“The Europeans see offshore wind turbines as sentinels,” Mandelstam told me, “protecting them from energy domination by foreign powers. When you put that against a few winter days of seeing turbines on the beach as you walk your dog, I think that’s a very easy trade-off.”
Mandelstam’s visual consultants showed the public what the turbines would look like when built. He hired consultants to address public concerns about the effects of wind turbines on migrating birds. He commissioned private meteorologists to verify the wind resource. And he and his team met regularly with the Delaware public to discuss the impact of the wind farm on ratepayers. “In one 21-day period, we spent $380,000 to do a geophysical investigation of the sea floor,” Mandelstam said. “On land, the same geophysical work would cost $5,000.” Four months and $5 million later, on Dec. 22, 2006, Mandelstam and his staff submitted the Bluewater Wind Park proposal, a 3,400-page document describing a 200-turbine, 600-megawatt, $1.5 billion offshore wind farm that would serve as a new electrical power plant.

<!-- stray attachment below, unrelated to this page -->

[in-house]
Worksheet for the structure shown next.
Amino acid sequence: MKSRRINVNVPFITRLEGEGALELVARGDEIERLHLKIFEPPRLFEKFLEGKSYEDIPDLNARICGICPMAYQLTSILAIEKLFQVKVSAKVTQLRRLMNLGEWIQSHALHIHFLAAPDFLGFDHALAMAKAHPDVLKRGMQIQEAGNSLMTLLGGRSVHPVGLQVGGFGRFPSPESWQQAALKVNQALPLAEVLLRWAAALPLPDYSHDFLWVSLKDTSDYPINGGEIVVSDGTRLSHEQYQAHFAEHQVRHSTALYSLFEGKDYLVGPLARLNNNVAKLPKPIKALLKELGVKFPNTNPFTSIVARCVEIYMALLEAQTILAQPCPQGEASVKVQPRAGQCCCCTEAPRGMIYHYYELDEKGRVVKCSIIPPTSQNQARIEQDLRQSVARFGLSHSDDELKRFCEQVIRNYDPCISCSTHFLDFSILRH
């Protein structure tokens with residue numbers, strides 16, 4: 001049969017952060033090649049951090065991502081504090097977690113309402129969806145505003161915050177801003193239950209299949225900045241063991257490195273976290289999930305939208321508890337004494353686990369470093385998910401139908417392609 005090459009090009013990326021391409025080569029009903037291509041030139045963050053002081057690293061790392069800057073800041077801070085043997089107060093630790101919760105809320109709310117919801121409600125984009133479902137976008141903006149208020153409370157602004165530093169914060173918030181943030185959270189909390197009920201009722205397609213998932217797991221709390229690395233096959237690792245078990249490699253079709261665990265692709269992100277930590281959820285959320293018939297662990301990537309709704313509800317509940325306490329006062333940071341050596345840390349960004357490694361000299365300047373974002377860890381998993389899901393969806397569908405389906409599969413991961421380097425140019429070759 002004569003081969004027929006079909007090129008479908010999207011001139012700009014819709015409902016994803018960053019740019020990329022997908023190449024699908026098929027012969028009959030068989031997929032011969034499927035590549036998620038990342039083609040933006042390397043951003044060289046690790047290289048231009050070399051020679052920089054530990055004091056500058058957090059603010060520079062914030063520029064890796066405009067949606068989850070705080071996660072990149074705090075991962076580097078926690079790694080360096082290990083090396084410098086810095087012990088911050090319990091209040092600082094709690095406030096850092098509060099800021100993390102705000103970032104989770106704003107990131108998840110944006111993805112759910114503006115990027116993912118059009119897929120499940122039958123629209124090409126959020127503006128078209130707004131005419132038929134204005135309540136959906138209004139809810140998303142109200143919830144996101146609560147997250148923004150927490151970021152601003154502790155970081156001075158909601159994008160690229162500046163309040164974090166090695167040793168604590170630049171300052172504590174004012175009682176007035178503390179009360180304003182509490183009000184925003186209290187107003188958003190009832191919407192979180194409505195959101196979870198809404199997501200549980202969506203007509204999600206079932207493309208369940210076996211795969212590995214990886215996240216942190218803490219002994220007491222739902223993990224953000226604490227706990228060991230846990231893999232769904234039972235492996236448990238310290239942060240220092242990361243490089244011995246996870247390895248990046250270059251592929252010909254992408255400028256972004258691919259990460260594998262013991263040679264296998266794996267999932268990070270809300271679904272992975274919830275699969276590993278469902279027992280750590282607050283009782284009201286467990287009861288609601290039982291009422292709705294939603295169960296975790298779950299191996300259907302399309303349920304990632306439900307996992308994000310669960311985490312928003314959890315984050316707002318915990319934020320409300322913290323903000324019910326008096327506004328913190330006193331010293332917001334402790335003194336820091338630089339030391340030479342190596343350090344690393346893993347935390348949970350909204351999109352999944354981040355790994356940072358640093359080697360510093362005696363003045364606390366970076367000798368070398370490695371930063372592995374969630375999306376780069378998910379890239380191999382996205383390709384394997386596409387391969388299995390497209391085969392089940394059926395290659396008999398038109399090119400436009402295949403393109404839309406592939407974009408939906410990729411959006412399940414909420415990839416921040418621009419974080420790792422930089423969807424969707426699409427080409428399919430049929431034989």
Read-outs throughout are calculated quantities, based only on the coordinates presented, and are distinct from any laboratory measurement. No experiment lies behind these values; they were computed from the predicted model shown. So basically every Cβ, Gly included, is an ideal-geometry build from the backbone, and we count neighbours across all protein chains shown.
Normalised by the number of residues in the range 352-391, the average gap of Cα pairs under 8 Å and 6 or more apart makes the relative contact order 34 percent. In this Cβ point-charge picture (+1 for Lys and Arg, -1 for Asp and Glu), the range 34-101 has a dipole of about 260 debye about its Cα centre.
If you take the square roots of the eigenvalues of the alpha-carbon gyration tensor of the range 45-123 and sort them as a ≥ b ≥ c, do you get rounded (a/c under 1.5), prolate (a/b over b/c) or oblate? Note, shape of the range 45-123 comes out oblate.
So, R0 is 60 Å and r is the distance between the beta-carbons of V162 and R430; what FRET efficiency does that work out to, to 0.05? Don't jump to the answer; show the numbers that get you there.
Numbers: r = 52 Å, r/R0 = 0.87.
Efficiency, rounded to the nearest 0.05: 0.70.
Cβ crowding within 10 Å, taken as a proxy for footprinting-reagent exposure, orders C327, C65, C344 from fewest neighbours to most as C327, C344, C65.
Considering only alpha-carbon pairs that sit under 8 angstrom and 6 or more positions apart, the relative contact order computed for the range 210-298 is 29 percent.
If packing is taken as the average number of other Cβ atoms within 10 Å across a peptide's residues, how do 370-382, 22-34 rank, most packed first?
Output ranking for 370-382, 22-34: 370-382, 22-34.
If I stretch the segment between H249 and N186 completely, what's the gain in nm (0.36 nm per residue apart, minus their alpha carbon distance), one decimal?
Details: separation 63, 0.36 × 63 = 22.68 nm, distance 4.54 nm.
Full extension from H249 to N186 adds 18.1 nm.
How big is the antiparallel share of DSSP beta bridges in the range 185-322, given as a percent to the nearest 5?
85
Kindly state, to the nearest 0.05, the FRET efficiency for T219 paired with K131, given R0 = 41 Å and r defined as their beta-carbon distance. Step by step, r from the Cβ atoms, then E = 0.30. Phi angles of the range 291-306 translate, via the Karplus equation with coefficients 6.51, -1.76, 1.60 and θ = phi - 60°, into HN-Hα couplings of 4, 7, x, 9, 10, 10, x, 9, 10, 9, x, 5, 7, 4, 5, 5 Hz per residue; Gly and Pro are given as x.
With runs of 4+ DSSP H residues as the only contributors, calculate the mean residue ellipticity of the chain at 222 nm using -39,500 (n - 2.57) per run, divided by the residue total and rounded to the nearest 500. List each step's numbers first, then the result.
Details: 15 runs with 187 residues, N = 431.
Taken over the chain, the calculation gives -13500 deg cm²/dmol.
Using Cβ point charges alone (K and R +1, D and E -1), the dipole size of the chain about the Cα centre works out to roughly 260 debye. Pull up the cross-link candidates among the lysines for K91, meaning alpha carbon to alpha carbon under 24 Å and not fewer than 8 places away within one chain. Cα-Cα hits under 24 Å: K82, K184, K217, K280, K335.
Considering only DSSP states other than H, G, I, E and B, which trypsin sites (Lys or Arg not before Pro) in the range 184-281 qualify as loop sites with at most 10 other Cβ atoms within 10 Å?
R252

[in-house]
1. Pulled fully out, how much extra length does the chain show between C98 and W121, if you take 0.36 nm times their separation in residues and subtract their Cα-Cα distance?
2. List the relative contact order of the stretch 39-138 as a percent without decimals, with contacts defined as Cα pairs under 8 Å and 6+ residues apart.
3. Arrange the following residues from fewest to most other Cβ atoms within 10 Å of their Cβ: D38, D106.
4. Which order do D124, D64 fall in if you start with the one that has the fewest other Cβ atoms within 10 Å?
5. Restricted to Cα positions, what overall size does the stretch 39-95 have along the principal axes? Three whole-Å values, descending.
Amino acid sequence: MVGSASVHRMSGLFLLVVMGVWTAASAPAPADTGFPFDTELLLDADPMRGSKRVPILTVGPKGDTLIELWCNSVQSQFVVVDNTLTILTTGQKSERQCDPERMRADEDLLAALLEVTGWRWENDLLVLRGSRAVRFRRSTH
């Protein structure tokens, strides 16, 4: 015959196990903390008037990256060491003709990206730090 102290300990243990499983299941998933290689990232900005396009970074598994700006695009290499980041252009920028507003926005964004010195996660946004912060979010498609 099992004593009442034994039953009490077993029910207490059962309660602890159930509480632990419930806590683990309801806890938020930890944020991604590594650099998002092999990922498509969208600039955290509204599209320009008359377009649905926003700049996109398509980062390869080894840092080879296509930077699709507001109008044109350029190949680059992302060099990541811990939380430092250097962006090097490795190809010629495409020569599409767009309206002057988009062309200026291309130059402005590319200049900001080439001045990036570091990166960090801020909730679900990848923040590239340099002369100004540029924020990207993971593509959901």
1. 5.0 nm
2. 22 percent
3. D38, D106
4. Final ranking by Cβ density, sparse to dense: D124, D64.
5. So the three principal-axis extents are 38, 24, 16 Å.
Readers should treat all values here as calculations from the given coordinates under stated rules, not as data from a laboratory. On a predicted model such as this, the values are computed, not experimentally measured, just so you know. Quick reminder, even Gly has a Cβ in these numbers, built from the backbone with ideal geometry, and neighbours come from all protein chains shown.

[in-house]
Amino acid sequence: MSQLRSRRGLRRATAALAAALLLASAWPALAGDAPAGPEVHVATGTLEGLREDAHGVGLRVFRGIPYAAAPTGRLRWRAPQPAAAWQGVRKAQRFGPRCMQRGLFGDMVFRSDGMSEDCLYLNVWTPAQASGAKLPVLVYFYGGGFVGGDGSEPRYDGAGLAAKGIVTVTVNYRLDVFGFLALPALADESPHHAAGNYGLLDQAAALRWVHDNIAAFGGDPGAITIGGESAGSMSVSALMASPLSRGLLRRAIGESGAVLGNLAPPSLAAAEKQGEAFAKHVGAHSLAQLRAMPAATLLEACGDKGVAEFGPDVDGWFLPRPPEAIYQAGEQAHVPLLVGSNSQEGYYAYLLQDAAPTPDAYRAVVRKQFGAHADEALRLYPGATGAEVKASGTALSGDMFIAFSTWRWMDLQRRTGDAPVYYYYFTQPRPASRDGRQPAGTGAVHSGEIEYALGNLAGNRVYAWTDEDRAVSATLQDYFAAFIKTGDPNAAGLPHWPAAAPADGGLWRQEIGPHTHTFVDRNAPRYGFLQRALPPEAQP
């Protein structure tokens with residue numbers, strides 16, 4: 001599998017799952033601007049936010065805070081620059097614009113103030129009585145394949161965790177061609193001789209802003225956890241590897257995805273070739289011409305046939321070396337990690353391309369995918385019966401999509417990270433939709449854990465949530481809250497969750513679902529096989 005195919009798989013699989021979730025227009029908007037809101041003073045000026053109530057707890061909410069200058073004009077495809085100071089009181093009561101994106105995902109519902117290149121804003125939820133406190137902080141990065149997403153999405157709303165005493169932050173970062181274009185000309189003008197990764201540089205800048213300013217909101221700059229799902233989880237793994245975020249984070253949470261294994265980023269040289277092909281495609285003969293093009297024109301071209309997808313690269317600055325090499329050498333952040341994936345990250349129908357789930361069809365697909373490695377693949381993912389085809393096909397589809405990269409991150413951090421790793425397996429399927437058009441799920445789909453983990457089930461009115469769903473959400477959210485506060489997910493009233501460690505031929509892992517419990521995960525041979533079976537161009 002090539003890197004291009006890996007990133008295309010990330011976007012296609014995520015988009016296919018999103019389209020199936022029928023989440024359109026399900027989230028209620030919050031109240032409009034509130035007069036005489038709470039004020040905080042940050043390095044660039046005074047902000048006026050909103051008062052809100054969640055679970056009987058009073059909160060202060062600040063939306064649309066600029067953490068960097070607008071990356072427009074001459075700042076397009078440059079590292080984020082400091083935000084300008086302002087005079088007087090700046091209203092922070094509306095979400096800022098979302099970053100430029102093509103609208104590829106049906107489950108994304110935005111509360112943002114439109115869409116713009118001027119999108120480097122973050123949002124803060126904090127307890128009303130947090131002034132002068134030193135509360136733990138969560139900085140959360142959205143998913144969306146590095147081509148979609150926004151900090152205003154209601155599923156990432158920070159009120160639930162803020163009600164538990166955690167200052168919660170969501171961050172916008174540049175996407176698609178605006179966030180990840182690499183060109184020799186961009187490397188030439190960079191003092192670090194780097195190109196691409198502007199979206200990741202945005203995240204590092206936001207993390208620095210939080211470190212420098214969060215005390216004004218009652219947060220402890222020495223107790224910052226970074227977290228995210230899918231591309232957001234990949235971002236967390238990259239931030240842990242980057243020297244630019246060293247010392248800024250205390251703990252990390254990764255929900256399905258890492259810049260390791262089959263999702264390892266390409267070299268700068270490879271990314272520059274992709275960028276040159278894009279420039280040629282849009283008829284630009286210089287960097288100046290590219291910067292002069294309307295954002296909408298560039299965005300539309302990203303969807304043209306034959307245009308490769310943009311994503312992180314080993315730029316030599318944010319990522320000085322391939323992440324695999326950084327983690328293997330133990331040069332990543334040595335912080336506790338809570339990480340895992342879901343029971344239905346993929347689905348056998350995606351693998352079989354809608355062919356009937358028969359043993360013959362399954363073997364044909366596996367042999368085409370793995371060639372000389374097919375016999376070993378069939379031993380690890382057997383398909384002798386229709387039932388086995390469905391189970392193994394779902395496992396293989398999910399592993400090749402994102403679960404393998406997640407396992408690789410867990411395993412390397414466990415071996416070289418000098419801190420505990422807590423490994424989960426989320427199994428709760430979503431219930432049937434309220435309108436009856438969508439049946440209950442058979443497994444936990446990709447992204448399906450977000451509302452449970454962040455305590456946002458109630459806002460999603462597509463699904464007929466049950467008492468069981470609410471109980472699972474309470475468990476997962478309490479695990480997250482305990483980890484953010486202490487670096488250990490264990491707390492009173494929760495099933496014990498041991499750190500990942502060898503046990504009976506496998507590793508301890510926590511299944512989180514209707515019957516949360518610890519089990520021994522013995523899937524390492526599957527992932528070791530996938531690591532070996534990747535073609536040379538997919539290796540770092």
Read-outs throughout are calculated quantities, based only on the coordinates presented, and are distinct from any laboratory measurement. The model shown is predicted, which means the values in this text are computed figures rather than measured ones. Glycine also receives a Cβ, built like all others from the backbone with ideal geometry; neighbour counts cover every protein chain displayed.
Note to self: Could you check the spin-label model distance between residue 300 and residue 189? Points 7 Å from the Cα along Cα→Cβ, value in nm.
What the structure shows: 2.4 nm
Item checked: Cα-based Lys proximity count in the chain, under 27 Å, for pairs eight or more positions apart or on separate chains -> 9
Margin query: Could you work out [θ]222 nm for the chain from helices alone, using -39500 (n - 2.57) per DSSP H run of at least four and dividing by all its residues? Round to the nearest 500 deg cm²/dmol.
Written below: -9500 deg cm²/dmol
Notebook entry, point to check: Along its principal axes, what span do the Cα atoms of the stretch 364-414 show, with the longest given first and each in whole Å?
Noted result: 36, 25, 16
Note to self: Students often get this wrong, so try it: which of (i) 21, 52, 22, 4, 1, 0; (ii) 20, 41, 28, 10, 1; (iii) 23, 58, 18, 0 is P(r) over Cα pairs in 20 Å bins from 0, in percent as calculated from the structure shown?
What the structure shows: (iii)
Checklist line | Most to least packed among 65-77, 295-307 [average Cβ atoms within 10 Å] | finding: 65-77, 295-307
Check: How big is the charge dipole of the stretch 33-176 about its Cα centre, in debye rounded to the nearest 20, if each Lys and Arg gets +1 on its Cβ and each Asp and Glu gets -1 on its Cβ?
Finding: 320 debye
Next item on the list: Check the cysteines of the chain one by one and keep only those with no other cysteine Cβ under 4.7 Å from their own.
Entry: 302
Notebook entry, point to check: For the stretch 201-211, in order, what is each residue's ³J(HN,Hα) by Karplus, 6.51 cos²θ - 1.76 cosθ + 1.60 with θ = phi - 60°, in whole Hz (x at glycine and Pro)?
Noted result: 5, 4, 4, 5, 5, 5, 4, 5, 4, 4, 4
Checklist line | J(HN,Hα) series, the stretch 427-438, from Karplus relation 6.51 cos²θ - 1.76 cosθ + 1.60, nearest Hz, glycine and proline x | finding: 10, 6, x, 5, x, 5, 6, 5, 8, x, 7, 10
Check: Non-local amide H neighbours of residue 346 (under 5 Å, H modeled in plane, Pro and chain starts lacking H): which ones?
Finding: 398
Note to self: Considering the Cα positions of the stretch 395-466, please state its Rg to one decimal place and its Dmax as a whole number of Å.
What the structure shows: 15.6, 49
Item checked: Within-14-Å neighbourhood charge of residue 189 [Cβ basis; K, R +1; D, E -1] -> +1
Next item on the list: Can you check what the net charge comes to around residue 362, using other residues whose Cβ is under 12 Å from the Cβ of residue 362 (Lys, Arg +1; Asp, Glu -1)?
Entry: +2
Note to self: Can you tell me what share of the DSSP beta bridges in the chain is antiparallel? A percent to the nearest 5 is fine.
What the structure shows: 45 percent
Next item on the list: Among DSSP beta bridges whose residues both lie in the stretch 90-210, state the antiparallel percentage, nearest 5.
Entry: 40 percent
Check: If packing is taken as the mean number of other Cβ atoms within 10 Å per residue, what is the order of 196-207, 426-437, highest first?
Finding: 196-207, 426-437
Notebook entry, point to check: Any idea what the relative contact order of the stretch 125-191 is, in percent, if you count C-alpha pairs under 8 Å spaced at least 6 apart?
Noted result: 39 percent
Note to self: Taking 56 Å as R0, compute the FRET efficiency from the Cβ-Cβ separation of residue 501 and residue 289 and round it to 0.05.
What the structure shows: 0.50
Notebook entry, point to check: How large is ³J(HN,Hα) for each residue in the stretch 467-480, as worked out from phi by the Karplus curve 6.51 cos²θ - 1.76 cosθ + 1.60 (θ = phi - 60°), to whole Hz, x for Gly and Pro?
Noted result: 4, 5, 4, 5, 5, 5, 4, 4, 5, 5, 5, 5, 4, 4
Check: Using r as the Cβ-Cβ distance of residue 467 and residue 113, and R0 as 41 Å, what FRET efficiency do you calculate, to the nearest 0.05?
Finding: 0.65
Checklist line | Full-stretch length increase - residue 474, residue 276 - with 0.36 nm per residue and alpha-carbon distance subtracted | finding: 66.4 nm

Still, Bluewater was up against two energy Goliaths. NRG, a generation company with $5.9 billion in annual gross receipts, proposed building a coal-fired power plant; Conectiv, a subsidiary of Pepco Holdings, a Washington-based electric company with annual revenues of $8.3 billion, filed to build a natural-gas power plant. Conectiv’s sister company Delmarva Power immediately began to wage a negative advertising campaign. It used radio spots to try to turn people against wind energy, as did NRG, whose clean-coal plant was well represented by Mike Houghton, an NRG lobbyist and a major fund-raiser for Gov. Ruth Ann Minner. Six months before the bids were officially due, Governor Minner publicly endorsed NRG’s clean-coal proposal.